The rest of the video for the entire mission can be found here…what a trove. This whole thing is marvelous…I can’t wait to tune in when July 16th rolls around.

The Biggest Nonmilitary Effort in the History of Human Civilization

posted by Tim Carmody   Jun 14, 2019


Charles Fishman has a new book, One Giant Leap, all about NASA’s Apollo program to land an astronaut on the moon. He talks about it on Fresh Air with Dave Davies.

On what computers were like in the early ’60s and how far they had to come to go to space

It’s hard to appreciate now, but in 1961, 1962, 1963, computers had the opposite reputation of the reputation they have now. Most computers couldn’t go more than a few hours without breaking down. Even on John Glenn’s famous orbital flight — the first U.S. orbital flight — the computers in mission control stopped working for three minutes [out] of four hours. Well, that’s only three minutes [out] of four hours, but that was the most important computer in the world during that four hours and they couldn’t keep it going during the entire orbital mission of John Glenn.

So they needed computers that were small, lightweight, fast and absolutely reliable, and the computers that were available then — even the compact computers — were the size of two or three refrigerators next to each other, and so this was a huge technology development undertaking of Apollo.

On the seamstresses who wove the computer memory by hand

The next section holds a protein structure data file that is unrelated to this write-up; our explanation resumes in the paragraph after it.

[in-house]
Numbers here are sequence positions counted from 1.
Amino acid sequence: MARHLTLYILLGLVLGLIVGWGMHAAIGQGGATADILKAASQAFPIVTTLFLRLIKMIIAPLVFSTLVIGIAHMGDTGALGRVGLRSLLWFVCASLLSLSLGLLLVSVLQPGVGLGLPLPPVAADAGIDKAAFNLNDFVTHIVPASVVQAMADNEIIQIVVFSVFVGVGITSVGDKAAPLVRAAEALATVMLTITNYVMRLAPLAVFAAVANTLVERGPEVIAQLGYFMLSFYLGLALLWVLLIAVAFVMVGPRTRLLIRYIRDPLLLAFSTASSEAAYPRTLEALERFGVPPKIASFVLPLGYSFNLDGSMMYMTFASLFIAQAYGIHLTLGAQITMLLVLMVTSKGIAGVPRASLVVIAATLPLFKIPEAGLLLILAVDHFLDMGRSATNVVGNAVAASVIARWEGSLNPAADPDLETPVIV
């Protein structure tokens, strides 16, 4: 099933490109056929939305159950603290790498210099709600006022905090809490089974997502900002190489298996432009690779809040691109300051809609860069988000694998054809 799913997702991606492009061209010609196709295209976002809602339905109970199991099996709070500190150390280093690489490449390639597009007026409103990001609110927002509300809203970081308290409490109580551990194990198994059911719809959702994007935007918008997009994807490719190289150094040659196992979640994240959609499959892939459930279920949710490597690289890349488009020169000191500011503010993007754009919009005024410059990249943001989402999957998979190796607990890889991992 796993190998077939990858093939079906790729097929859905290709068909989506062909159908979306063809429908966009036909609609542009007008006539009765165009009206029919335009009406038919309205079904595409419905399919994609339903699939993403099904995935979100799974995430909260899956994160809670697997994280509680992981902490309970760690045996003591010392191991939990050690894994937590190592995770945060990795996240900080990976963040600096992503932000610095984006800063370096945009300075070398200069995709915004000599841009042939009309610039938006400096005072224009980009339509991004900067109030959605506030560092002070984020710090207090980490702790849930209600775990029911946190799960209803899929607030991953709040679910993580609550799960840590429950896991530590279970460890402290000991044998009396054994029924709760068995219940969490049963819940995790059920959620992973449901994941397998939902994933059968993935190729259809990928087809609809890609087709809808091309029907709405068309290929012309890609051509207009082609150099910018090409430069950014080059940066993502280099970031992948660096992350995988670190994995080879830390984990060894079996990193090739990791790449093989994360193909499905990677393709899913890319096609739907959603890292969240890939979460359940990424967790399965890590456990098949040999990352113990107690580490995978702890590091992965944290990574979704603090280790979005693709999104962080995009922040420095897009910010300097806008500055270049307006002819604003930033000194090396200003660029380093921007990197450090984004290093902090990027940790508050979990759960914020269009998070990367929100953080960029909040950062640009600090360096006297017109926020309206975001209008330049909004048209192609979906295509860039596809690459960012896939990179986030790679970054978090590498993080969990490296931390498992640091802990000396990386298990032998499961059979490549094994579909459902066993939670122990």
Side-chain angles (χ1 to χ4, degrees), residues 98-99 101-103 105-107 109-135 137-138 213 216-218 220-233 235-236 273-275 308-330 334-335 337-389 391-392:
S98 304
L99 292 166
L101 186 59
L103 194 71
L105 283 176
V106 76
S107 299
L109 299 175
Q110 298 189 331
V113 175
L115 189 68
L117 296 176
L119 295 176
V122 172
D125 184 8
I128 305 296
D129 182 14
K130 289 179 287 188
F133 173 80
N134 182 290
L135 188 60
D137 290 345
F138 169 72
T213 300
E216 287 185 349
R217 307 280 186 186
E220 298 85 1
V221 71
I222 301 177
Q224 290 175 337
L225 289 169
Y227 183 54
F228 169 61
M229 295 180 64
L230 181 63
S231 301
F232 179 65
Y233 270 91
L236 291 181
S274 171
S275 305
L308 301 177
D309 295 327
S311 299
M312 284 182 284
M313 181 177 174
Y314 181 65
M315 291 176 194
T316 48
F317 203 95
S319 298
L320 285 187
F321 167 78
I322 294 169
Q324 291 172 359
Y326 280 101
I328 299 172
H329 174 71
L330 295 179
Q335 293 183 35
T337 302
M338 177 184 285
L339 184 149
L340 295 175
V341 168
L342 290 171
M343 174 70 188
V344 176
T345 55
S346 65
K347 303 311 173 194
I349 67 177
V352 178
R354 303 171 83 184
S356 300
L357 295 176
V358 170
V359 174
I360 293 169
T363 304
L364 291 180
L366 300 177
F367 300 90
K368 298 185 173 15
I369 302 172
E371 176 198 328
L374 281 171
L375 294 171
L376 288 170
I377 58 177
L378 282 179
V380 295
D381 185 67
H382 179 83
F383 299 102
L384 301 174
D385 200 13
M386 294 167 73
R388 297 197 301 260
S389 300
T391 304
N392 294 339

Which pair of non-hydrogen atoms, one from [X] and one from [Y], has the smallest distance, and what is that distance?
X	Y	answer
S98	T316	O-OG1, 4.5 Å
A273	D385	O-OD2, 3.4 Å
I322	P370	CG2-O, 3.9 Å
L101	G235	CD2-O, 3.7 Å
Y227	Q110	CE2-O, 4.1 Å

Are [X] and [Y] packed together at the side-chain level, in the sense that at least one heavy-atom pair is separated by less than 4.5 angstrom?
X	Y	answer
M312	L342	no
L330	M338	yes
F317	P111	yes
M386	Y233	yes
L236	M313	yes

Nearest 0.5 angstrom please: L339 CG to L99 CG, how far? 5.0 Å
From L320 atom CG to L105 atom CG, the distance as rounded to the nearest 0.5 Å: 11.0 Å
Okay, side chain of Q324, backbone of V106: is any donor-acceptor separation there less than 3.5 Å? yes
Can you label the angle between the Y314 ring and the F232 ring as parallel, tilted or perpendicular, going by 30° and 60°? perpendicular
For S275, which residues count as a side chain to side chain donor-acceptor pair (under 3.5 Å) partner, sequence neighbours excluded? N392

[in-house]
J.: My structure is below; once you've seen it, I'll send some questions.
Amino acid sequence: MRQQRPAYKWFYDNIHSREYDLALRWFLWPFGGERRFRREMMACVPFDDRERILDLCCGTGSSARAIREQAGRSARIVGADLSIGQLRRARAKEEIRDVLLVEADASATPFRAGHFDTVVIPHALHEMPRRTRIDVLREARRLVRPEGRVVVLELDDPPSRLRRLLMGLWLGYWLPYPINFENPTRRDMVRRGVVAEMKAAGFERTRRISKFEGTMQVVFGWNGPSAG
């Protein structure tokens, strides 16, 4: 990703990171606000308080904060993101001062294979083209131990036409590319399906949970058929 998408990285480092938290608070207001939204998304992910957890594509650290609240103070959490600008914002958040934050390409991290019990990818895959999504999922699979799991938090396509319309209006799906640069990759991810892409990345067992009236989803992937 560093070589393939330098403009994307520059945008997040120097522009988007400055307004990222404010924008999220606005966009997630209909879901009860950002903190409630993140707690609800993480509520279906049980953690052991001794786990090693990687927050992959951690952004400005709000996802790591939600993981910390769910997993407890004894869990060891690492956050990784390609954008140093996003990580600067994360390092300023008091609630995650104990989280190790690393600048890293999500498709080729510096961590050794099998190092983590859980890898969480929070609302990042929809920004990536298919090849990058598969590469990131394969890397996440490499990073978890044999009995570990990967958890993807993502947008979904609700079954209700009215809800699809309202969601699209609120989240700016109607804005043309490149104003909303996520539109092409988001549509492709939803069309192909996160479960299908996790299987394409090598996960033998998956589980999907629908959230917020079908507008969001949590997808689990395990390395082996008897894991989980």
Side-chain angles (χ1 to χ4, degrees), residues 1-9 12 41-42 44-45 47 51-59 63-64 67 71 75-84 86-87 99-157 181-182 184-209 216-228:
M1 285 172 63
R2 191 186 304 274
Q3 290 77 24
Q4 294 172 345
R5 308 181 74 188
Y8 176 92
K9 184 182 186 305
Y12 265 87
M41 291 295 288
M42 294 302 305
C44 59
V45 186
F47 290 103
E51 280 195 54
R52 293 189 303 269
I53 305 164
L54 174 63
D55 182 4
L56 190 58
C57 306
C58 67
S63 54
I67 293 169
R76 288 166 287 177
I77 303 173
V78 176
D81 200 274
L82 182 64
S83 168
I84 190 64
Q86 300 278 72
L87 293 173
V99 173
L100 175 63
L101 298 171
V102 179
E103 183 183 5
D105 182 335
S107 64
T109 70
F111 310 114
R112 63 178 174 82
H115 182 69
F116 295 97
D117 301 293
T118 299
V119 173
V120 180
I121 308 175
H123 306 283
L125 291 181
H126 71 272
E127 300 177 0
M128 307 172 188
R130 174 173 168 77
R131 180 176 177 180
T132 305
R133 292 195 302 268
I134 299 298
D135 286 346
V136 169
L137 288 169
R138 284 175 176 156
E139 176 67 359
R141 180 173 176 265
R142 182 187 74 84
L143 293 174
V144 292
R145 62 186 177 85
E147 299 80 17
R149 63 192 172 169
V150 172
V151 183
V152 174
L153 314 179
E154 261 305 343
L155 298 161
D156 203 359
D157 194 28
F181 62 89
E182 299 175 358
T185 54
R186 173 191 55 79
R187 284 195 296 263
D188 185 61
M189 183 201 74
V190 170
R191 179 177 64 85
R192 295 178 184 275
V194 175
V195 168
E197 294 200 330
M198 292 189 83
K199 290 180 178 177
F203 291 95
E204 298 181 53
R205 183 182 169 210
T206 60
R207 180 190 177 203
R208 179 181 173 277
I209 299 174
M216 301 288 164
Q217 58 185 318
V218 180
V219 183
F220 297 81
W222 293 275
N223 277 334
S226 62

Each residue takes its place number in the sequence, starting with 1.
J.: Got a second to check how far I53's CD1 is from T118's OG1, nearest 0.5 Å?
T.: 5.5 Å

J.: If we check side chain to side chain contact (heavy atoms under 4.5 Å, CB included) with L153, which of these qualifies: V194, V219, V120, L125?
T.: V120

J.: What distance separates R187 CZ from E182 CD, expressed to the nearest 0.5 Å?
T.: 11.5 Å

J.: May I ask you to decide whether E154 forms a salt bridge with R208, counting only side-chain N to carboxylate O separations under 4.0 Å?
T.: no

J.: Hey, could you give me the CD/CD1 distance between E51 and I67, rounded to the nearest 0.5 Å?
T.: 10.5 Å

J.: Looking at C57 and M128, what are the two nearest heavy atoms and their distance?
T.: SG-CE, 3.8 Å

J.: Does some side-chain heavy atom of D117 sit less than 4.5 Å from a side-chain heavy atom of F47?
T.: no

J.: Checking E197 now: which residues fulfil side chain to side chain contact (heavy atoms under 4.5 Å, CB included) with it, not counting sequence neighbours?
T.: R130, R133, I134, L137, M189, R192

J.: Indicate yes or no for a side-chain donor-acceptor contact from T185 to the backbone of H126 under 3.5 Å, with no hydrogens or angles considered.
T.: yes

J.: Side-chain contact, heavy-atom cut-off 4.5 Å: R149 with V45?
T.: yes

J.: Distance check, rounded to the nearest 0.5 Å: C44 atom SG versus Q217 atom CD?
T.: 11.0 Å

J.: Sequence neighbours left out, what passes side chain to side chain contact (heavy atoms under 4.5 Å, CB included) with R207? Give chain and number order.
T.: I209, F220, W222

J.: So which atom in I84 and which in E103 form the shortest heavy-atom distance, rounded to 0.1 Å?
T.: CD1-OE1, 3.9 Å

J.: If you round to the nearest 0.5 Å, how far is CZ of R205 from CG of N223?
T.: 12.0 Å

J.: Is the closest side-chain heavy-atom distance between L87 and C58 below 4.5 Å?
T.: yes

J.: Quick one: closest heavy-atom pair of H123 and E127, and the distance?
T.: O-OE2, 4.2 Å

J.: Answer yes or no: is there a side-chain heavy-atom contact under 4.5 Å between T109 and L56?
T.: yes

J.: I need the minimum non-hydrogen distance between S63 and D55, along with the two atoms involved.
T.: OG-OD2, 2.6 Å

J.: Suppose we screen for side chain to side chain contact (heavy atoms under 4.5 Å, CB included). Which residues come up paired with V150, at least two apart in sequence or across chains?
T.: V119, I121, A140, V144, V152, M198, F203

There was no computer memory of the sort that we think of now on computer chips. The memory was literally woven … onto modules and the only way to get the wires exactly right was to have people using needles, and instead of thread wire, weave the computer program. …

The Apollo computers had a total of 73 [kilobytes] of memory. If you get an email with the morning headlines from your local newspaper, it takes up more space than 73 [kilobytes]. … They hired seamstresses. … Every wire had to be right. Because if you got [it] wrong, the computer program didn’t work. They hired women, and it took eight weeks to manufacture the memory for a single Apollo flight computer, and that eight weeks of manufacturing was literally sitting at sophisticated looms weaving wires, one wire at a time.

One anecdote that was new to me describes Armstrong and Aldrin test-burning moon dust, to make sure it wouldn’t ignite when repressurized.